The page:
POLL ADDED: Do you prefer Warm or Neutral White?

Do you prefer Warm White or Neutral White?


  • Total voters
    360

dealgrabber2002

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At first I was going CW all the way. Then I found out NW is much better for color rendering. I don't live in an area that has lots of rain or fog therefore can't really test out the rain/fog cutting statements.

I always wanted to give warm white a try but when I saw the tint on my old maglite incan.; it's too yellow. I hope warm white LED is not like that...

There are many discussions of warm vs cool or neutral vs cool. But I don't recall seeing a warm vs neutral.

Which do you prefer?


Thanks for voting!
 
Last edited:

neutralwhite

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Re: Do you prefer Warm or Neutral White?

hi thanks, excellent topic this; was just this minute thinking about all this.
was reading that 4000K-4300k is actually better than 5000k, and upwards.
how true really is that statement ?.

i really like the neutral white of my PD32UE, but really, does being at 5000k make it much worse by say if this was a 4000k LED light?.
then why would fenix make it if it really werent good for eyes?.
i really do like the warm light too, and 4000 would be the lowest I would go.
anything over 5000, more likely no way, now that I have found neutral.

would like to see some shots though of the 4000k compared to higher neutrals.

thanks lots.
nice thread.

taken from the site ;




THE PROS OF 4000K LIGHT

For a short time during the day, at noon, when the sun is the brightest, the light is about +6000k. A human eye is designed to protect itself during this time of day because of the high level of UV light. There is more than enough light to see therefore the eyes over react towards this colour of light by reducing the aperture. This is not the reaction that you want at night. To improve the response and focus time more light needs to enter the eye, not less.

The benefit of having 4000k light is that it does not appear bright/harsh to the eyes and more light can enter. Most people will say that a cold white (+6000k) looks brighter than a warm white light and this is true. It does "appear" brighter but it is not. The result is that the eye has difficultly to focus due to the reduced amount of light entering the eye. Also the blue sensitive cones are not in the middle of theretina(macula) which makes focusing on blueish objects difficult.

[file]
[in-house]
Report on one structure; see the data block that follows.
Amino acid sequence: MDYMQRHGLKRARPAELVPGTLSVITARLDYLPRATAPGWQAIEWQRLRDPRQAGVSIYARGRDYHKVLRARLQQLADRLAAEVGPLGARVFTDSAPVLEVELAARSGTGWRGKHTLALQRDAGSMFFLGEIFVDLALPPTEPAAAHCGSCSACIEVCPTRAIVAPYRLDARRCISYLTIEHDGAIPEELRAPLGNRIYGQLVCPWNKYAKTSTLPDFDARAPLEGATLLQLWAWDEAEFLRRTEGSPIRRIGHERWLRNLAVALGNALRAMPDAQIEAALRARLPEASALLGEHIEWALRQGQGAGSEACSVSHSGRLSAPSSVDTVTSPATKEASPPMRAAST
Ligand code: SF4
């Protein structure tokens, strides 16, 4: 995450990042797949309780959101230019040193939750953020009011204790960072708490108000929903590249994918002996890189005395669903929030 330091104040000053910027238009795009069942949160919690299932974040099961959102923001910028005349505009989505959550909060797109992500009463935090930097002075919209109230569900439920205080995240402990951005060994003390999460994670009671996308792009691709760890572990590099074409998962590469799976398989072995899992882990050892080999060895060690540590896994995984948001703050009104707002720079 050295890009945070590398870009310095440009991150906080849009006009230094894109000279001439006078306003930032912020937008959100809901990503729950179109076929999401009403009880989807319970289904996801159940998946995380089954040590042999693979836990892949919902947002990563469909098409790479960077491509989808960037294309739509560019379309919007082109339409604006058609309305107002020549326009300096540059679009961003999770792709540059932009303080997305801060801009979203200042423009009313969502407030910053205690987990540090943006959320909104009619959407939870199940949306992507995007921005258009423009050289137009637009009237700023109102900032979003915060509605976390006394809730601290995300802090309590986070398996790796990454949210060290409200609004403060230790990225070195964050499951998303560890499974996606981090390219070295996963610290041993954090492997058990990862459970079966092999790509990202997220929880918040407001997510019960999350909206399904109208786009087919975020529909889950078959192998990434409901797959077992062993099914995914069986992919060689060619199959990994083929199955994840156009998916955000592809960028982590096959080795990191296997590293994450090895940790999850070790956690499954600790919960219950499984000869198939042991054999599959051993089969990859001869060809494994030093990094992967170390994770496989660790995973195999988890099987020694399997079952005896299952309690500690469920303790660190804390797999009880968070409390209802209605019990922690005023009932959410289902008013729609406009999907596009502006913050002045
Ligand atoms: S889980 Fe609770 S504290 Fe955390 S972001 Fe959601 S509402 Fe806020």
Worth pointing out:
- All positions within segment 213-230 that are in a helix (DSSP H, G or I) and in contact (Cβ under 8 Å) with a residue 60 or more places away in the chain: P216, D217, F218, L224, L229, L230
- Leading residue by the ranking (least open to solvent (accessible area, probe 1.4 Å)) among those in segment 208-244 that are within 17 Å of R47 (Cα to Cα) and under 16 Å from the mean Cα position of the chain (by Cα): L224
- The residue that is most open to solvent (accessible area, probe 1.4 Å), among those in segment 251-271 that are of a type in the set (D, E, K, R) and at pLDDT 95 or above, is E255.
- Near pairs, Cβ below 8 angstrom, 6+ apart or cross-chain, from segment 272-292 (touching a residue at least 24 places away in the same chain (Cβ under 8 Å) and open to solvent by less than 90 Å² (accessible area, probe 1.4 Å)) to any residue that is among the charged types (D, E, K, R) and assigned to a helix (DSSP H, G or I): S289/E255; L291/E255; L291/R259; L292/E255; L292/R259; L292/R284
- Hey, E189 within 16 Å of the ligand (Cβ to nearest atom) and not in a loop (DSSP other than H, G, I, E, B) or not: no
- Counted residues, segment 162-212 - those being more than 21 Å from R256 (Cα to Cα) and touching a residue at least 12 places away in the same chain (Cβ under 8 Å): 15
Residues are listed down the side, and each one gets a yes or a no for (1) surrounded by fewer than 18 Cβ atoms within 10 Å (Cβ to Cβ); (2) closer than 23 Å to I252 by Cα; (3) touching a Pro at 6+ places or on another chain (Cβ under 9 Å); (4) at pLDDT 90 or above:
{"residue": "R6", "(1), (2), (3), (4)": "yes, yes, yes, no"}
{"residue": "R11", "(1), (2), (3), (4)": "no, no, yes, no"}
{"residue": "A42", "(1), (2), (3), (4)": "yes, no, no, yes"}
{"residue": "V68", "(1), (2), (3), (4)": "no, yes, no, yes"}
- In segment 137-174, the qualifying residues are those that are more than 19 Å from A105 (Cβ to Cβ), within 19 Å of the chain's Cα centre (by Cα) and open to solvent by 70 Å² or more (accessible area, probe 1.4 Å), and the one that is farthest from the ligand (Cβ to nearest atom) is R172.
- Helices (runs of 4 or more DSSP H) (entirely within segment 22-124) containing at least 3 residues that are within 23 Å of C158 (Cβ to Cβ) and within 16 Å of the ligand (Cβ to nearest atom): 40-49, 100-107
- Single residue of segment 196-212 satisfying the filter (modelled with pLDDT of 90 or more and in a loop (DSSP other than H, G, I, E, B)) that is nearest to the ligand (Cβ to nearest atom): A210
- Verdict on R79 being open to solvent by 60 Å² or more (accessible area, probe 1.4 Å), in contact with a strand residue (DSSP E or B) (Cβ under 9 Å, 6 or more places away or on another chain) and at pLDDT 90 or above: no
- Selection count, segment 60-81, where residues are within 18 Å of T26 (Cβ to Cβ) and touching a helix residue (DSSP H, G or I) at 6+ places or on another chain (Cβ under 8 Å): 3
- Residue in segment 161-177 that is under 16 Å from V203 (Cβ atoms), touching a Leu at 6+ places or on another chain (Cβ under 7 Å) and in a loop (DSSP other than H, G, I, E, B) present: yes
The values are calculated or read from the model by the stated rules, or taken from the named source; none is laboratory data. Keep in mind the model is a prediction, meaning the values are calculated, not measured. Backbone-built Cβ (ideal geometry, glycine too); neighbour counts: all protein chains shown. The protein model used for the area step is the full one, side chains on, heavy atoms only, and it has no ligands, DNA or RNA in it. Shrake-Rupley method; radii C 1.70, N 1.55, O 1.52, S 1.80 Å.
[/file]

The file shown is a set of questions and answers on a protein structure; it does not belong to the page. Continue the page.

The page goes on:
SUMMARY


We are at a point where adding more light does not improve night cycling safety. To get a better response from our eyes we need equipment to be designed for us. It should be clear from the facts, that warmer coloured lights are preferred for night cycling above colder lights. We have selected 4000k LED based on testing over the last year and so far have had positive feed back. We believe that you will notice the improvement.

 
Last edited:

CyberCT

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Re: Do you prefer Warm or Neutral White?

I really like neutral. I absolutely do not like warm white, and would prefer cool white to warm white (as long as the cool white isn't the purple white like on those cheap LEDs crappy flashlights have).
 

Vortus

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Re: Do you prefer Warm or Neutral White?

I prefer cool over them both, but having to choose I'd take neutral.
 

twl

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Re: Do you prefer Warm or Neutral White?

I prefer a cool white that is not heavily blue. I can take a little bit of blue in the beam.
The cool white that borders on the higher end of neutral is my favorite.
I can accept neutral tints down as far as 4500K, but that's as warm as I can stand. I actually feel that even 4500K is a little too warm for my taste, but I can tolerate it. I have one light that is 4500k, but I'm not too sure that I would buy another one that warm.